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Ringside Report Looks Back at Former Contender Edwin Viruet

200px-edwin_viruetBy Jeffrey “Italian Medallion” Cellini

Edwin Viruet, 32-6-2,14 KO’s, who was born in New York City, was a professional boxer who battled some of the premiere fighters of his generation. Some of the earlier opponents in his career were Saoul Mamby, a future world light-welterweight champion, and Alfredo Escalera, a future world super featherweight champion. Viruet also faced Roberto Durán, then- reigning world lightweight champion, twice. First, in a non-title fight, Viruet would lose by a unanimous decision. Two years later he fought Durán again, this time with the world title on the line, and again he would lose by a unanimous decision.

Edwin Viruet was one of four brothers who were boxers. He compiled an undefeated amateur boxing record of 18-0, which included winning two New York Golden Gloves Championships. Viruet would turn pro in 1969, winning four fights that year. In his debut on April 28th, Edwin would defeat Azael Curet by four-round decision in Secaucus, New Jersey. In his first two years, he would rack up eleven victories, with no defeats, with three coming via knockout.

The following year, Viruet would face two future world champions early in their careers. On September 23,1971, Alfredo Escalera, with only eight fights under his belt, would face Edwin in a contest in Patterson, New Jersey. Viruet would secure a points decision over his Puerto Rican counterpart that night. On December 3, at the Felt Forum in New York City, Edwin Viruet and Saoul Mamby would have to settle for draw in their bout. Mamby, 45-34-6,18 KO’s, fighting out of Brooklyn, N.Y, who had entered the contest with only thirteen professional fights on his record, would end up fighting well into his 60’s as a boxer.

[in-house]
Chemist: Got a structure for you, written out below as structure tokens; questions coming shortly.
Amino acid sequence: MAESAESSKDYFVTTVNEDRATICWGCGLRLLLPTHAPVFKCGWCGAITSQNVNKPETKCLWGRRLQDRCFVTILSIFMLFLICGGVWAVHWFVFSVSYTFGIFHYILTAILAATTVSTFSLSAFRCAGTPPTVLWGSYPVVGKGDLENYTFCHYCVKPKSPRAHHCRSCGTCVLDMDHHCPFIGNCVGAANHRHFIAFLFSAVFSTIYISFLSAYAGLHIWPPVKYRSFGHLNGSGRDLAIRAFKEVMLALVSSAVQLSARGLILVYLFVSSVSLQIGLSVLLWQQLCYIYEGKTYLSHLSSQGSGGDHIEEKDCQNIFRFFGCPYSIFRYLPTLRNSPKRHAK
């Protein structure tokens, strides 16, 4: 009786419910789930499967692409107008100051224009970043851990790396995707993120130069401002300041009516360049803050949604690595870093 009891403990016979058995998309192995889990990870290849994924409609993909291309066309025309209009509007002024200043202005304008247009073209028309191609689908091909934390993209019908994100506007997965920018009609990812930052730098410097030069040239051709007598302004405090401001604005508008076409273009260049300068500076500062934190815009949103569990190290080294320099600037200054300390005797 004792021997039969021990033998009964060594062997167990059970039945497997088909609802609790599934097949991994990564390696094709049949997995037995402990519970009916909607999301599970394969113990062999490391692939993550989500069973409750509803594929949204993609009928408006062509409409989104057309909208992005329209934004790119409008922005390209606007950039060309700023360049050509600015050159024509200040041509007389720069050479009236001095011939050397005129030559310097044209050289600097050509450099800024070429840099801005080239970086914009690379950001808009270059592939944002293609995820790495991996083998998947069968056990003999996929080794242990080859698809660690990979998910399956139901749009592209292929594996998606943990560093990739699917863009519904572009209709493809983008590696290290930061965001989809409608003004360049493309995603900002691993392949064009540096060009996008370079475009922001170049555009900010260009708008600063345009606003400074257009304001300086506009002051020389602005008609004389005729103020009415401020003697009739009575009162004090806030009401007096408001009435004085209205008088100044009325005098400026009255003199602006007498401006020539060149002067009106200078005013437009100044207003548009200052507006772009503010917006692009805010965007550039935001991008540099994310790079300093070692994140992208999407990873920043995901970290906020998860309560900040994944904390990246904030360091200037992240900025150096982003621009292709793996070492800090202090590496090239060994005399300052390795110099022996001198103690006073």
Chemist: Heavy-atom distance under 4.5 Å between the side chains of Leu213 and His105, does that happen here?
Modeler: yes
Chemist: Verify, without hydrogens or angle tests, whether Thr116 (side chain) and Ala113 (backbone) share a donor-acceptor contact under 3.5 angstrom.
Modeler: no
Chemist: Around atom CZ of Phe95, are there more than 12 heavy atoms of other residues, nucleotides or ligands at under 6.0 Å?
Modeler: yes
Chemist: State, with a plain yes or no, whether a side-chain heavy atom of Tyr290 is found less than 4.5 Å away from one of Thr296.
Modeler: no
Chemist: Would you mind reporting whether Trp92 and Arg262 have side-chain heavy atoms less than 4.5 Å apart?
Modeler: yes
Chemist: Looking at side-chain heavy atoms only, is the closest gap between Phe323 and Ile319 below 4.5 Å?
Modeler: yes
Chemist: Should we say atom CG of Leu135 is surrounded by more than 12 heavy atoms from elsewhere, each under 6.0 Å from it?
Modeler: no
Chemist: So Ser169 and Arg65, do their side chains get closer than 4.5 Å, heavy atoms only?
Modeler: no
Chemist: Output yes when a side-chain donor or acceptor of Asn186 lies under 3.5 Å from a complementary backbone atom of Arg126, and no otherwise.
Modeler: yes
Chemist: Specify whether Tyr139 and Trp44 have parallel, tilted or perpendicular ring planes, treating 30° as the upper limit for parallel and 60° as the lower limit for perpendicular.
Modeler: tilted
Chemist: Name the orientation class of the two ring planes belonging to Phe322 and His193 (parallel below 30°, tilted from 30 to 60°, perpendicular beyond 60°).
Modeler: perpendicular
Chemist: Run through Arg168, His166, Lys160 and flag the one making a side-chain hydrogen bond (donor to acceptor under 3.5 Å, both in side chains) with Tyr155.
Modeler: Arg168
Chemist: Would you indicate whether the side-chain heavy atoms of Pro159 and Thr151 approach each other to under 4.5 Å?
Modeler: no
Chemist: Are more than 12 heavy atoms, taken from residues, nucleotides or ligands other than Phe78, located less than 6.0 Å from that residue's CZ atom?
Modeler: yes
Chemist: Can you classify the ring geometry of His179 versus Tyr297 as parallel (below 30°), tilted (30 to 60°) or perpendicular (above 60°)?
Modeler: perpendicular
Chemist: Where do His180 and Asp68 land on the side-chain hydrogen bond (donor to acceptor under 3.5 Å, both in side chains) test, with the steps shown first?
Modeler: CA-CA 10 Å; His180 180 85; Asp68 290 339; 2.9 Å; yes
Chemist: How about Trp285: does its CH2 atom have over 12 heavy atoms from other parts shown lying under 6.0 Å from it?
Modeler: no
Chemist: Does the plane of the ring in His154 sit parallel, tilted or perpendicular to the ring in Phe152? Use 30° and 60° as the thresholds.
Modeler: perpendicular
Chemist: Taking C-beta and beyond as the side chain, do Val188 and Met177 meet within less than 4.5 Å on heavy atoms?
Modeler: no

After twenty fights, Edwin Viruet would be undefeated with 18 victories and two draws on his resume. On August 18, 1973, Viruet would face his toughest opponent up to that point in his career when he was matched up against Sammy Gross (37-3). Unfortunately, things did not go well for the taller fighter that night, as Viruet was unable to use his distinct height and reach advantage over his opponent.

Sammy Goss scored an 8th round knockdown, then withstood a furious 10th round rally to hand Edwin Viruet his first defeat Saturday with a majority decision in their nationally televised junior lightweight bout from MSG’s Felt Forum. Early in the 8th round Goss caught Viruet with a left hook that staggered the NY City fighter. When Viruet’s feet became tangled, he stumbled and sagged to the canvas. Referee LoBianco ruled it a knockdown. Viruet rallied in the final round and had Goss holding on for the final minute, but it didn’t offset the Trenton, N.J., veteran’s steady body bombardment which gave him a slight edge.

Referee Johnny LoBianco scored the bout 6-4 for Goss, whereas judge Harold Lederman scored the contest 5-4-1 for the kid from Trenton, N.J. Judge Tony Castellano had the fight scored as a draw.

Despite the setback, Viruet would rebound quickly with three consecutive victories. Now, Edwin would encounter the toughest opponent of his professional career when he was matched against the world lightweight champion Roberto Duran in a non-title bout at Nassau Coliseum, Uniondale, N.Y.